on the part of the drawer to pay the amount
should be within 15 days “of the receipt” of
the said notice. It is, therefore, clear that
“giving notice” in the context is not the same
as receipt of notice. Giving is a process of
which receipt is the accomplishment. It is
for the payee to perform the former process
by sending the notice to the drawer at the
correct address.’
*** *** ***
14. It is one thing to say that sending of a notice is
one of the ingredients for maintaining the
complaint but it is another thing to say that
dishonour of a cheque by itself constitutes an
offence. For the purpose of proving its case that
the accused had committed an offence under
Section 138 of the Negotiable Instruments Act, the
ingredients thereof are required to be proved. What
would constitute an offence is stated in the main
provision. The proviso appended thereto, however,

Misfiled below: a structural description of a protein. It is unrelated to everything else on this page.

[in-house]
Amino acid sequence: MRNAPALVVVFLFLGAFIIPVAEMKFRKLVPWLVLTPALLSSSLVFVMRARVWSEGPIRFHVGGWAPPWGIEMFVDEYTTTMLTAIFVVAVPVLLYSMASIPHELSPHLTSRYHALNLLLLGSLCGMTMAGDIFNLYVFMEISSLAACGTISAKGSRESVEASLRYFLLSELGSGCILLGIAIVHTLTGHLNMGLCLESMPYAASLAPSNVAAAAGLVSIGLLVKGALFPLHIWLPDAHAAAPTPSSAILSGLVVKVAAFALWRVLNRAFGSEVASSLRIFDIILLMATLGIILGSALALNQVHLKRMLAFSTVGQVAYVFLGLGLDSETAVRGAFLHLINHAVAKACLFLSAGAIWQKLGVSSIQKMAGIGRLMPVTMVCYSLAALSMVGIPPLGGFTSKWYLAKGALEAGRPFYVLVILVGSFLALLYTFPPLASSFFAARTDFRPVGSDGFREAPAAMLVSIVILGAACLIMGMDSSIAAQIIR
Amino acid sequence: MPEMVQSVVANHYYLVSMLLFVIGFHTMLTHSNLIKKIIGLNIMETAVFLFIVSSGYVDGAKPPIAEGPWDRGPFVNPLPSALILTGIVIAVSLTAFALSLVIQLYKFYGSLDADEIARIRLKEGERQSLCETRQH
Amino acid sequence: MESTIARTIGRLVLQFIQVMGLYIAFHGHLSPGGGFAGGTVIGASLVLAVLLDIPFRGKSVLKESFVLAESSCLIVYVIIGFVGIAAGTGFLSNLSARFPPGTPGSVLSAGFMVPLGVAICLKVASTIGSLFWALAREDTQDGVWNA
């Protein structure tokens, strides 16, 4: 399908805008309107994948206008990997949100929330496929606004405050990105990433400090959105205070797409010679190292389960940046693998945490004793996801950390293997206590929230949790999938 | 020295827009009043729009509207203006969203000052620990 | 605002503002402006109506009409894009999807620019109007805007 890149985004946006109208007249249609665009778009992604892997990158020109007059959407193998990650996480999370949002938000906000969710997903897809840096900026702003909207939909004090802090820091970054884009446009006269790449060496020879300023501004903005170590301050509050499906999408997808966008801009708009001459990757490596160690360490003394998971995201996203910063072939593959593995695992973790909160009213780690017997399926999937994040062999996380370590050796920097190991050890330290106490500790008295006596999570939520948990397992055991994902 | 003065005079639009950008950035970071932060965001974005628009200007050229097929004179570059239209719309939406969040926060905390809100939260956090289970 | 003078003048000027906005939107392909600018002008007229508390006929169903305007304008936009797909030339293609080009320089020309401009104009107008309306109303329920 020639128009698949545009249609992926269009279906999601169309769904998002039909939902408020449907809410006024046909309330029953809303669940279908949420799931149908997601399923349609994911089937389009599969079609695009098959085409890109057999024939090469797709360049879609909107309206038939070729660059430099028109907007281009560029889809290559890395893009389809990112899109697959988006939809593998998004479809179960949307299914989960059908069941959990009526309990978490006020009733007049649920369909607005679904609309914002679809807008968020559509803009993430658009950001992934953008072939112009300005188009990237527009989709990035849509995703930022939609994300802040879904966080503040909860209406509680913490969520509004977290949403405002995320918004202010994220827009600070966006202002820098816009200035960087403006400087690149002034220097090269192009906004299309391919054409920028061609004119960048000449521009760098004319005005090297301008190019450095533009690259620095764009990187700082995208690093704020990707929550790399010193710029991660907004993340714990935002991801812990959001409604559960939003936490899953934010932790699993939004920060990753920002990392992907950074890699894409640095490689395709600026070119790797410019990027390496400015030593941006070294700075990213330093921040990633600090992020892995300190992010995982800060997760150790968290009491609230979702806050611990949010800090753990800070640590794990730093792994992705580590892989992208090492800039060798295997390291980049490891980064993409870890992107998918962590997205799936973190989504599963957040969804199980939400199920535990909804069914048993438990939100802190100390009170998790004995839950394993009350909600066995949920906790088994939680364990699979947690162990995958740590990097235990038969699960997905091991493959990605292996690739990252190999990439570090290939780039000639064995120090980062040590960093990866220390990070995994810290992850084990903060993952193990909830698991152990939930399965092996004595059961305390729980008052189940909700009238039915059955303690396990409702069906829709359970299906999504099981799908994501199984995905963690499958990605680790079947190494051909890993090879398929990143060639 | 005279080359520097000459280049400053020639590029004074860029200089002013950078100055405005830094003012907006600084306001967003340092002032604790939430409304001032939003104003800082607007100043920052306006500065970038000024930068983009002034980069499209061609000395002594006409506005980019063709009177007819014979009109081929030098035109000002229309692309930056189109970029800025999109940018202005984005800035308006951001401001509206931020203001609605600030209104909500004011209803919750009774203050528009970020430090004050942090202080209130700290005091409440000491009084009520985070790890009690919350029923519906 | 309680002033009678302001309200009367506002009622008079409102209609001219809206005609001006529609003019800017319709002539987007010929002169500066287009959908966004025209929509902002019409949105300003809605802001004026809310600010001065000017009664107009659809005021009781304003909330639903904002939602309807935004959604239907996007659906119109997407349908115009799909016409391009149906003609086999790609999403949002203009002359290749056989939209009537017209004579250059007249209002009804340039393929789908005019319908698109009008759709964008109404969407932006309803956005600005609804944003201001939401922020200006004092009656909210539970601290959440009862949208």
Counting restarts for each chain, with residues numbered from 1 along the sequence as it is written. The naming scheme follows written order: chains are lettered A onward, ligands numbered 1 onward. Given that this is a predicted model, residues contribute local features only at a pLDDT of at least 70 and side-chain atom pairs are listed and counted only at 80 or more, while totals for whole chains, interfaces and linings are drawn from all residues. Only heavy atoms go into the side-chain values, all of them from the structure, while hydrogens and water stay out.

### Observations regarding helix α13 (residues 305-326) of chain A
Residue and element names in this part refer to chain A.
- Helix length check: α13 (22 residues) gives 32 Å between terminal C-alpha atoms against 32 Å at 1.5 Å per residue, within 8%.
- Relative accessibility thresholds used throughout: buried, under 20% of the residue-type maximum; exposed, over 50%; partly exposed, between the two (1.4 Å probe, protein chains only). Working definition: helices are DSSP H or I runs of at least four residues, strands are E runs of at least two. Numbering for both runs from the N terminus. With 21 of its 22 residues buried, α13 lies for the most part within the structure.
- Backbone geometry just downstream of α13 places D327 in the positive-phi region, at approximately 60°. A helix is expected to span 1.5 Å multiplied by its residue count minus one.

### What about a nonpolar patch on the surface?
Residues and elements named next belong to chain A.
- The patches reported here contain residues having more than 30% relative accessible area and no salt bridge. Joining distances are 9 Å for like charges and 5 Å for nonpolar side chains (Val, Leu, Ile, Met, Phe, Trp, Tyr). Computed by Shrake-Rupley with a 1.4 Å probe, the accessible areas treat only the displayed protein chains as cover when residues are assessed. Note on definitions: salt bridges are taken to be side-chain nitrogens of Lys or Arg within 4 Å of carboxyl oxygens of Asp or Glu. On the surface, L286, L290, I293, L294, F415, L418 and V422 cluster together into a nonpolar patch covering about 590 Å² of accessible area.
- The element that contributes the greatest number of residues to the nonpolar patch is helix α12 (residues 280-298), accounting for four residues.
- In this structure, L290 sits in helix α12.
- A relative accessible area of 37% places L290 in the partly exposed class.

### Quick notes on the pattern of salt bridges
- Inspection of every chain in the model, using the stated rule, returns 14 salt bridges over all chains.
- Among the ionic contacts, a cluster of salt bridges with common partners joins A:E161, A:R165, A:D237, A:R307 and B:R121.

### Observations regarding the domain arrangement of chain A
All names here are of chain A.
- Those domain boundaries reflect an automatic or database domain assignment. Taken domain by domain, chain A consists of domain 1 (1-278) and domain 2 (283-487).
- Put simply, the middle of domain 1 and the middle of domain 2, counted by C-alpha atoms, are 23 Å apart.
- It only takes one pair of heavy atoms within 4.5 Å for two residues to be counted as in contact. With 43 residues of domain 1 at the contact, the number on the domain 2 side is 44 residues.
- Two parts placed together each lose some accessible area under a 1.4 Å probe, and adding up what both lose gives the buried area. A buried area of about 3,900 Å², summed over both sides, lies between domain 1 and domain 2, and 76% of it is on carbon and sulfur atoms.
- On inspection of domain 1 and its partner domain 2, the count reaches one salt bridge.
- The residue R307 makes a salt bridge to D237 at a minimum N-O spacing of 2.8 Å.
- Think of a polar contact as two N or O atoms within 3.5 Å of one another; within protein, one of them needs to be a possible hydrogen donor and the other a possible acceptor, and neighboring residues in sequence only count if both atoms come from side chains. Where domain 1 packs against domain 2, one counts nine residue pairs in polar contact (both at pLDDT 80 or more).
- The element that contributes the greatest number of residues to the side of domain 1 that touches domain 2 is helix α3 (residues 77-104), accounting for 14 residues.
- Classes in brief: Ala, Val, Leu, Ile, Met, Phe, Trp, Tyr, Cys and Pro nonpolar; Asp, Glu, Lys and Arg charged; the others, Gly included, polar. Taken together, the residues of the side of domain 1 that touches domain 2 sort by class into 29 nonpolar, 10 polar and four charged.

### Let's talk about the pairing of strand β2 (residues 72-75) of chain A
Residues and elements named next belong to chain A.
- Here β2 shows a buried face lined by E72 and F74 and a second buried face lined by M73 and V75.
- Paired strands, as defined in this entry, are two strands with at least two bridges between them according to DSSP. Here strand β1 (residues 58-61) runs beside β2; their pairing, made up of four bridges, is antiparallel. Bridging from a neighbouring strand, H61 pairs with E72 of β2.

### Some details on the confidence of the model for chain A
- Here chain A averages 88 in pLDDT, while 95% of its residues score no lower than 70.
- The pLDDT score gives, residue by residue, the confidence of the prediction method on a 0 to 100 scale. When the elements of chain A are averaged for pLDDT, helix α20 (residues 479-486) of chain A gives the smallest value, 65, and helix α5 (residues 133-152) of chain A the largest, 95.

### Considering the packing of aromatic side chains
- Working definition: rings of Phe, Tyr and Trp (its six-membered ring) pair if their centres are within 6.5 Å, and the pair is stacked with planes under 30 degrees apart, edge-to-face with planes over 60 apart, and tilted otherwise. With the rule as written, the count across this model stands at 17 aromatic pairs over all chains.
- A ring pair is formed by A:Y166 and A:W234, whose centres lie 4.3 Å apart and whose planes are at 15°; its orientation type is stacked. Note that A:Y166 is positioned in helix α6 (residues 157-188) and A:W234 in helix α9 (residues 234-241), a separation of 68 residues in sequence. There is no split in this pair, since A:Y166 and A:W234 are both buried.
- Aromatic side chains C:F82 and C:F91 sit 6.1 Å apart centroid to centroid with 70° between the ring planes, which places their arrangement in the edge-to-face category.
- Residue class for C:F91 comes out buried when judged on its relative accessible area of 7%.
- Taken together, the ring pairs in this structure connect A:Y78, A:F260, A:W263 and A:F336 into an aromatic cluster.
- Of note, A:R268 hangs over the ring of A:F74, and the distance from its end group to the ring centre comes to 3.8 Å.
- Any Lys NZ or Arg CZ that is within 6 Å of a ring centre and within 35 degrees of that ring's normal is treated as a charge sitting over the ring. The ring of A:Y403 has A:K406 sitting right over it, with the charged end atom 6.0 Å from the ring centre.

imposes certain further conditions which are
required to be fulfilled before cognizance of the
offence can be taken. If the ingredients for
constitution of the offence laid down in the
provisos (a), (b) and (c) appended to Section 138 of
the Negotiable Instruments Act intended to be
applied in favour of the accused, there cannot be
any doubt that receipt of a notice would ultimately
give rise to the cause of action for filing a
complaint. As it is only on receipt of the notice the
accused at his own peril may refuse to pay the
amount. Clauses (b) and (c) of the proviso to
Section 138 therefore must be read together.
Issuance of notice would not by itself give rise to a
7cause of action but communication of the notice
would.”
Keeping in view the aforementioned legal principle, interpretation of
clause (b) of the proviso appended to Section 138 of the Act has to be
considered.
11. We may, however, at the outset notice that both clauses (a) and (b) of